Trust is the #1 value of Salesforce, and trust of our customers is of paramount importance. In the 21st century, where all businesses are embracing the Internet, they have to face the reality of the growing number of security threats where the end-goal is often data-exfiltration. We work with hundreds of thousands of companies worldwide and millions of users via an unrivaled customer success platform. Hence, it is of utmost importance for us to protect our customers’ data.
Background on Data Exfiltration
Since the advent of the Web, enterprises have sought to digitize their information and knowledge assets, from financial data, to health records, to sales leads. This digitization exercise has led to a vast number of services being built on the data, unlocking potential — business or otherwise — and advancing enterprises. It is clear now more than ever before that data holds the key to the digital transformation of every industry worldwide.
They say with power comes responsibility. Similarly, with more data comes a bigger attack surface for attackers looking to steal this data and hence a bigger responsibility for the companies collecting it. While the act of data exfiltration itself is self-explanatory, there are different ways through which attackers get access to the data they want to exfiltrate. The attacker could be using malware over a network to gain access to an employee’s computer. Another common way is to deploy a brute force attack technique called credential stuffing, after obtaining credentials from a data breach. Or it could even be a disgruntled employee at the company who leverages the privilege of his or her role to exfiltrate data out. In fact, insider threat is one of the top causes and has been on a steady rise.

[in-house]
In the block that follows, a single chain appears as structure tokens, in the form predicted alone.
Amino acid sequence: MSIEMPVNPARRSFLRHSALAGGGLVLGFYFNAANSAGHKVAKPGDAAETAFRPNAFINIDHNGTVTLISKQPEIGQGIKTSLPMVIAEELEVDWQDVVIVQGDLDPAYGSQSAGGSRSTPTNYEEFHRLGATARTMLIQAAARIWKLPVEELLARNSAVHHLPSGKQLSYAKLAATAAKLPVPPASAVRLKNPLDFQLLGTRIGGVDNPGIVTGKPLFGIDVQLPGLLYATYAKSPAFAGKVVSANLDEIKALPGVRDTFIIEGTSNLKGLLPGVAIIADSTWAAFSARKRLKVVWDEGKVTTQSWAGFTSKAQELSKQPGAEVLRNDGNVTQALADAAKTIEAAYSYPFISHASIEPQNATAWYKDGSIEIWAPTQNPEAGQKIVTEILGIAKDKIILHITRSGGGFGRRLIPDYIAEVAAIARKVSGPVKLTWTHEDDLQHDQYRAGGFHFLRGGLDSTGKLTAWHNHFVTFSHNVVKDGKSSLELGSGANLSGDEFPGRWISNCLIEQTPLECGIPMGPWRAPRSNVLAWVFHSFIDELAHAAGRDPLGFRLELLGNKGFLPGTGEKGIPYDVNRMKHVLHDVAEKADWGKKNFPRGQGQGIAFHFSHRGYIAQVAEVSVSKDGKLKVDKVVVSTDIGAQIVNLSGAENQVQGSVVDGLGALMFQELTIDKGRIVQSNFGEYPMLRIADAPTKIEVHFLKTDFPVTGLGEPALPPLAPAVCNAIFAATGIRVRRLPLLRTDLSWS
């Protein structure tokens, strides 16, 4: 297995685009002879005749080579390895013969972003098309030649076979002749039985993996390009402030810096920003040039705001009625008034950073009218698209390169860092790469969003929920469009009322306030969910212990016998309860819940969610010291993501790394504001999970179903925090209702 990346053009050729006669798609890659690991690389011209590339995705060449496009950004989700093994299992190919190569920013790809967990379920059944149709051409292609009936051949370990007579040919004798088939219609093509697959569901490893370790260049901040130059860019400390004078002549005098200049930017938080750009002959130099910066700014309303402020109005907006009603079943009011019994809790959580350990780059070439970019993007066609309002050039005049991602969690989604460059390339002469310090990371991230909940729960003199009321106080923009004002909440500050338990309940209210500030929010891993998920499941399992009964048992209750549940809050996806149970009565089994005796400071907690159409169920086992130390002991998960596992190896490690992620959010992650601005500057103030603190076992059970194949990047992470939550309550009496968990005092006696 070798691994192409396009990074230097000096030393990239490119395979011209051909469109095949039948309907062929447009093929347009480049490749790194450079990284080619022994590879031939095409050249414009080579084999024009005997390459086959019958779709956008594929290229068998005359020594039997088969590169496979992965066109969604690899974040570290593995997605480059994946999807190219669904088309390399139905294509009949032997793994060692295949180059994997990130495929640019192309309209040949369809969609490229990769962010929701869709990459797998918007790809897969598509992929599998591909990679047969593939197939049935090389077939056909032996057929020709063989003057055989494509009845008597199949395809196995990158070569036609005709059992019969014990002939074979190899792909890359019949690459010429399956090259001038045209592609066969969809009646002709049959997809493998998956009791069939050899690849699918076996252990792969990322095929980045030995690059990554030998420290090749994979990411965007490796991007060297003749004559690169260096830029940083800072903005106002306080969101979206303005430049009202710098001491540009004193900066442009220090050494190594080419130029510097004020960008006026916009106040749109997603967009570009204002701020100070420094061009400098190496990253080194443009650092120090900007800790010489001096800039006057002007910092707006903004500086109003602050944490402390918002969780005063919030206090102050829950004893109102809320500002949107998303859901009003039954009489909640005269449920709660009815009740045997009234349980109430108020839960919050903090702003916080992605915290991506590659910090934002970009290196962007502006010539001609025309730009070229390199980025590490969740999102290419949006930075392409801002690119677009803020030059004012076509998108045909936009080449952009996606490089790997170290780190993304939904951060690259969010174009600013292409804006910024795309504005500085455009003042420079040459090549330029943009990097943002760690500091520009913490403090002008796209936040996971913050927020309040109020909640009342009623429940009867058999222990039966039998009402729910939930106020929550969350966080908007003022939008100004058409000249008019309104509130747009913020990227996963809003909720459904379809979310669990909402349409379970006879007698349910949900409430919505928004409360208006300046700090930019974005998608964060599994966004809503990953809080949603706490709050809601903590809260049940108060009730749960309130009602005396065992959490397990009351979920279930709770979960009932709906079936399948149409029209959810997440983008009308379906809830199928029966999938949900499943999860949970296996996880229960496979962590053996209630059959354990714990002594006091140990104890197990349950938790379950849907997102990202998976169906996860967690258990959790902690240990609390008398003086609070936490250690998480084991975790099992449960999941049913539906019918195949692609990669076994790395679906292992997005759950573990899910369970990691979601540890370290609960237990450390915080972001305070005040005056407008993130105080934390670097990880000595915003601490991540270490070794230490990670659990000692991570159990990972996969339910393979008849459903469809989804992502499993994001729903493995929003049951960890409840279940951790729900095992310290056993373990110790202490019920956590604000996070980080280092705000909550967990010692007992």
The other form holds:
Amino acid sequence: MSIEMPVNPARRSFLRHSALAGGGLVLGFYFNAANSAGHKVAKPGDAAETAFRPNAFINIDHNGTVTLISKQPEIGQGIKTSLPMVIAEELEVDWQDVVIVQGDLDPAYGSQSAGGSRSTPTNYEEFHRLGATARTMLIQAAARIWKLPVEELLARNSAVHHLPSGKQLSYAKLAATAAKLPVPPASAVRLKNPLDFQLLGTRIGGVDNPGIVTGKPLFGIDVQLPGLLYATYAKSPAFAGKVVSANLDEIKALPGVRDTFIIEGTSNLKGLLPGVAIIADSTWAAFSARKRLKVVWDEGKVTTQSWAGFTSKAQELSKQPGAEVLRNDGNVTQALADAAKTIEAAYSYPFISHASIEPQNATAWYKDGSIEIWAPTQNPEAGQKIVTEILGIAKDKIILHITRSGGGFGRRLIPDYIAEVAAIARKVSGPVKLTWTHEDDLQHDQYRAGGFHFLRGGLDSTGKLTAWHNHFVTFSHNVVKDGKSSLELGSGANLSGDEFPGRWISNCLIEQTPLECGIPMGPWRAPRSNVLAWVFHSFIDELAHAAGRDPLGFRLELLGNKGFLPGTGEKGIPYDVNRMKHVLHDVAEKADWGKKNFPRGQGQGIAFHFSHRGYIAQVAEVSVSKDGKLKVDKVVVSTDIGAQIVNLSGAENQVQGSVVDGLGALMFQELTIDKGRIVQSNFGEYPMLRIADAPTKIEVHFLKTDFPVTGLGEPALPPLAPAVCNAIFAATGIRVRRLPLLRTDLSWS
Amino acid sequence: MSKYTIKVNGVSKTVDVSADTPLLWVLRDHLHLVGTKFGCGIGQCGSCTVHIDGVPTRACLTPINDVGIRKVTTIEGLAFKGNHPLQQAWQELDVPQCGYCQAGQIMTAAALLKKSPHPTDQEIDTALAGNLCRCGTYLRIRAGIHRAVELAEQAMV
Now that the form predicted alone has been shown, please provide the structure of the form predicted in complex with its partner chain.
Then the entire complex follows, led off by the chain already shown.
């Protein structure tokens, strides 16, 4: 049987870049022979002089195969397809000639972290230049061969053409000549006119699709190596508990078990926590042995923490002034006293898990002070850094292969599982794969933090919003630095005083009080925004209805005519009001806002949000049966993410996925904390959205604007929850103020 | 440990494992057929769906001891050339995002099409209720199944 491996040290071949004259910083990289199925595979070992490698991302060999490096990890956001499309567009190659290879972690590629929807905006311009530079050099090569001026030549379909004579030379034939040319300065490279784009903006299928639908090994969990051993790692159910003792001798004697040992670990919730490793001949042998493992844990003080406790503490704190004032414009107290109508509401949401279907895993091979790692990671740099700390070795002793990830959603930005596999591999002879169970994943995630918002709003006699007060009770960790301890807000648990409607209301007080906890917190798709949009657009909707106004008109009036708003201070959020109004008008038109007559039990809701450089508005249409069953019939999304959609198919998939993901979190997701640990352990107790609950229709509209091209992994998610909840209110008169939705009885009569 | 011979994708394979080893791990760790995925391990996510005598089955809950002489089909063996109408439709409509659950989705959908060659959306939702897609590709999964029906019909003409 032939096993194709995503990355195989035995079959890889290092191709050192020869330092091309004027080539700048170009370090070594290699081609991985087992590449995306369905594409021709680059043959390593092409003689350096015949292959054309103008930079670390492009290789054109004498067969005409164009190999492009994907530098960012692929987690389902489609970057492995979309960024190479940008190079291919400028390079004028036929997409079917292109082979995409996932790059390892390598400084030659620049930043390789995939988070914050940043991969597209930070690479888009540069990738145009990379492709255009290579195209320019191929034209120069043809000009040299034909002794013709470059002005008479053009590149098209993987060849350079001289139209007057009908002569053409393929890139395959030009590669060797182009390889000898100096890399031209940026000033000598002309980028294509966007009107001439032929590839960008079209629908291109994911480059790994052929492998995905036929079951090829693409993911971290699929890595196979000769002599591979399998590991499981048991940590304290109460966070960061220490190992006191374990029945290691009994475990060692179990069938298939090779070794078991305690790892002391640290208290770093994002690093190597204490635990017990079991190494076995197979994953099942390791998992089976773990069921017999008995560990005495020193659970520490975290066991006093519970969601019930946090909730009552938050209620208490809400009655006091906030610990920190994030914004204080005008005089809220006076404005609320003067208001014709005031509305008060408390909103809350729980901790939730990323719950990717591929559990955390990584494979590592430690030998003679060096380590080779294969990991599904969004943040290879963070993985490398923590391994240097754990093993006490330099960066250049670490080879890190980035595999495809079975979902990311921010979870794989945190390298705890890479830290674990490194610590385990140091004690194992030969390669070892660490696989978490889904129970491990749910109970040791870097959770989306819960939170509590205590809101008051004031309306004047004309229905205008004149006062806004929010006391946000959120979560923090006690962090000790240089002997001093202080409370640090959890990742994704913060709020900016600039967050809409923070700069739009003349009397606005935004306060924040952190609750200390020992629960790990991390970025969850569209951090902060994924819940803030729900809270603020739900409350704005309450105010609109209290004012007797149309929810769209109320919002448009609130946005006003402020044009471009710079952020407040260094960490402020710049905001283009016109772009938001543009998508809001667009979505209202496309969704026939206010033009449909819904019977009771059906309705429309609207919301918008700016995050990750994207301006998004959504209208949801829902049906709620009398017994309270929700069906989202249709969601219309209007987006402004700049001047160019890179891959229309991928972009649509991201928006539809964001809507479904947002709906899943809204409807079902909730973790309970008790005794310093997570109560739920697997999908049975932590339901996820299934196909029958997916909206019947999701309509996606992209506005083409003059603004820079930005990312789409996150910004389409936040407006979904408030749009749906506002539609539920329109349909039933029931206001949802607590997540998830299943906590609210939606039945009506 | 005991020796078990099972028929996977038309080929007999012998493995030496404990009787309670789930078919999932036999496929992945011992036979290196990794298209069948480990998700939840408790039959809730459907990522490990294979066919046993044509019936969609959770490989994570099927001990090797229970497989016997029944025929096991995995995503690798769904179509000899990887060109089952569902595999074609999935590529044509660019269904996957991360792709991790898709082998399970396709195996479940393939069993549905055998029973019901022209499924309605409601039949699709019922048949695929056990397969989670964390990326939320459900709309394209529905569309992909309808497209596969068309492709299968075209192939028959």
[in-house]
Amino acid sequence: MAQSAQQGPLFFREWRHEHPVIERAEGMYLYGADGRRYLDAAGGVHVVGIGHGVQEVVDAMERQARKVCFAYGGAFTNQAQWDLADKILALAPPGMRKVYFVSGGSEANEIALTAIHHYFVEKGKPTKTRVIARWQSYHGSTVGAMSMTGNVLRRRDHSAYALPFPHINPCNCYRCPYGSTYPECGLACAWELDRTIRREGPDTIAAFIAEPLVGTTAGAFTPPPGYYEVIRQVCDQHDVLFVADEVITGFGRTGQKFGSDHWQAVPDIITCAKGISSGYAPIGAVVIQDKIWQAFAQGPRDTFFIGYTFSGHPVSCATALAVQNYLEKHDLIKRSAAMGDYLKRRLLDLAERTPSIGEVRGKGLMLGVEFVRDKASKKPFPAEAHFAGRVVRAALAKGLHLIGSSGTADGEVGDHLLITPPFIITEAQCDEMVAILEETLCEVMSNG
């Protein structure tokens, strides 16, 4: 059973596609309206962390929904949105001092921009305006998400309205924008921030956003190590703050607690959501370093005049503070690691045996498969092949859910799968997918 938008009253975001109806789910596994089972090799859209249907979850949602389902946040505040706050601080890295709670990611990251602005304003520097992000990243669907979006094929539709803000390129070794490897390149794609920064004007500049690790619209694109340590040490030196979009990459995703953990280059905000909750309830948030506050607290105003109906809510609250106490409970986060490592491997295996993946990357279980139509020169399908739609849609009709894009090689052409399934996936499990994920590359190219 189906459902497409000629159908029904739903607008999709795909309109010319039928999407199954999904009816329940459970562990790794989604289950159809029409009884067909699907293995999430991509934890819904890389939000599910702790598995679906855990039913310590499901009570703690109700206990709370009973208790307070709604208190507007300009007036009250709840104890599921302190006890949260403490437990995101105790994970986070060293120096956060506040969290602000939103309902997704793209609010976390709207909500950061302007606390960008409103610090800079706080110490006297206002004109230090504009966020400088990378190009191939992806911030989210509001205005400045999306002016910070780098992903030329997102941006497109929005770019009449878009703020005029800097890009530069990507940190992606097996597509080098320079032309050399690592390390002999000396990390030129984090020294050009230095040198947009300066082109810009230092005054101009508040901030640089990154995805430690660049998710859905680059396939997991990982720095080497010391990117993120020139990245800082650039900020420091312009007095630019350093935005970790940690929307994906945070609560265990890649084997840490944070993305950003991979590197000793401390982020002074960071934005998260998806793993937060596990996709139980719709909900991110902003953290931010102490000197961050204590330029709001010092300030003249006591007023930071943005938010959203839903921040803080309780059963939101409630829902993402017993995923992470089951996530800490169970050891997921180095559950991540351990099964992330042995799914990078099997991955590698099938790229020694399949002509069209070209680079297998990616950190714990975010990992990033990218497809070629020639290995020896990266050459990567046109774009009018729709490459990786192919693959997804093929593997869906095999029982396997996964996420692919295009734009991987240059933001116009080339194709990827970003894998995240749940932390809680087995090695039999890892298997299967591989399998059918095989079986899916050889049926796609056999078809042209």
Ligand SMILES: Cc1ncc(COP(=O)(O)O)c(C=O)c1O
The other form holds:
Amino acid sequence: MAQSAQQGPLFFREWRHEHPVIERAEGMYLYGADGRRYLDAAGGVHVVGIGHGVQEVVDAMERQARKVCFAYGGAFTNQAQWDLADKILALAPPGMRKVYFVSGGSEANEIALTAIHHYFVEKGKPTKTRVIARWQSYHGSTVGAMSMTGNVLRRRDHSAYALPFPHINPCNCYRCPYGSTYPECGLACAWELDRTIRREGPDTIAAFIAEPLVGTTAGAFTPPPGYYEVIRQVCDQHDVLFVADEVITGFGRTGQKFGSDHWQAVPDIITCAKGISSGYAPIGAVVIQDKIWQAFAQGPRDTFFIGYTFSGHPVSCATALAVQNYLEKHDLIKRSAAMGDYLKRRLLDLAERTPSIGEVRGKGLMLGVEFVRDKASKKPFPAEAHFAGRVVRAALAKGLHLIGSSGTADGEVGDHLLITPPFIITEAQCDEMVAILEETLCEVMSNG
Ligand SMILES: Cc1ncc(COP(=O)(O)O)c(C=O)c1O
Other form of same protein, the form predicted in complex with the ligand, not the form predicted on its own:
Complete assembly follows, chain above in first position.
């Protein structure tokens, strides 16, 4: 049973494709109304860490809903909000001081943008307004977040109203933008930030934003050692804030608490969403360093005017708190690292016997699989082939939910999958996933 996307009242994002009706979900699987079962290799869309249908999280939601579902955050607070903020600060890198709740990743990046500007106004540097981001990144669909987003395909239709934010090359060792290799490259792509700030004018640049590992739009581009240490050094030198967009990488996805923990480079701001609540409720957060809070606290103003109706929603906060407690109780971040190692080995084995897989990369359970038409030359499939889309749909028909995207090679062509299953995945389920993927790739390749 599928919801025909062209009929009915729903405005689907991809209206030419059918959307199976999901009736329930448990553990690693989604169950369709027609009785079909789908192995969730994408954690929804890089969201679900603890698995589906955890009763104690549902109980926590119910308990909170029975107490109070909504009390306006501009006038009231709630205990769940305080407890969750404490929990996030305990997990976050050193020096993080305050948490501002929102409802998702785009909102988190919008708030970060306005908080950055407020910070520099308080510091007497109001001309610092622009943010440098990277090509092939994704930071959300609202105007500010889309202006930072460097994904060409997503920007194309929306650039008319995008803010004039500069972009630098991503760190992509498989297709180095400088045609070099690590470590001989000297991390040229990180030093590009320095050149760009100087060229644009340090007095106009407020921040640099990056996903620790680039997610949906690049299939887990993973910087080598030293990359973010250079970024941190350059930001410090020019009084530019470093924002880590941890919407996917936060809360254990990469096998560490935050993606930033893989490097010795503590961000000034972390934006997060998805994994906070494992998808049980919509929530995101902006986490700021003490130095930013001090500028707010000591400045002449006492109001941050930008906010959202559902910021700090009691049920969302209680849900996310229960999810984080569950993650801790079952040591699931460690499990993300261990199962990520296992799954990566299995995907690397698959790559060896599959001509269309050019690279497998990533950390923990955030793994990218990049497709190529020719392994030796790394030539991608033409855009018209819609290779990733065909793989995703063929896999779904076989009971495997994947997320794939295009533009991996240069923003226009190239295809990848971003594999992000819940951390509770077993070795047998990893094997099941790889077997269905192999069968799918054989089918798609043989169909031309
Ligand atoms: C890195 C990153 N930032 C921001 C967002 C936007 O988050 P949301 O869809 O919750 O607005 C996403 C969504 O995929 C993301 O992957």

With the advent of stricter policies around customer data — GDPR, CCPA, PCI, and more — businesses need to put better protections in place now more than ever. In 2018, the GDPR legislation raised the maximum penalty for contraventions to up to £17.5m ($22.2m) or four percent of global turnover — whichever is greater. Within a year, they found their first offender: British Airways, who were fined up to £183m for a breach of customer data. The very next day, a second culprit was exposed. The ICO announced that it intends to impose a £99 million fine on hotel chain Marriott for failing to protect personal data contained in approximately 339 million guest records. To help protect our customers from such contraventions, our Security Einstein team has developed a machine learning (ML) based solution that can detect anomalous and malicious data exfiltration attempts from Salesforce instances.
How Salesforce Detects Anomalous Data Exfiltration
To start with, it is important to define exactly what ‘anomalous’ means. By definition, an anomaly is something that deviates from the normal. In the specific context of data exfiltration, an ‘anomalous’ attempt can be an attempt of exfiltrating extremely large volumes of data, exfiltrating data from an unfamiliar geographical location (e.g. Antarctica), or exfiltrating at odd hours (e.g. at 3 A.M. on Sunday or during Christmas Eve). Or it can even be an attempt that combines different such oddities. So how do we detect such anomalous events? Enter machine learning.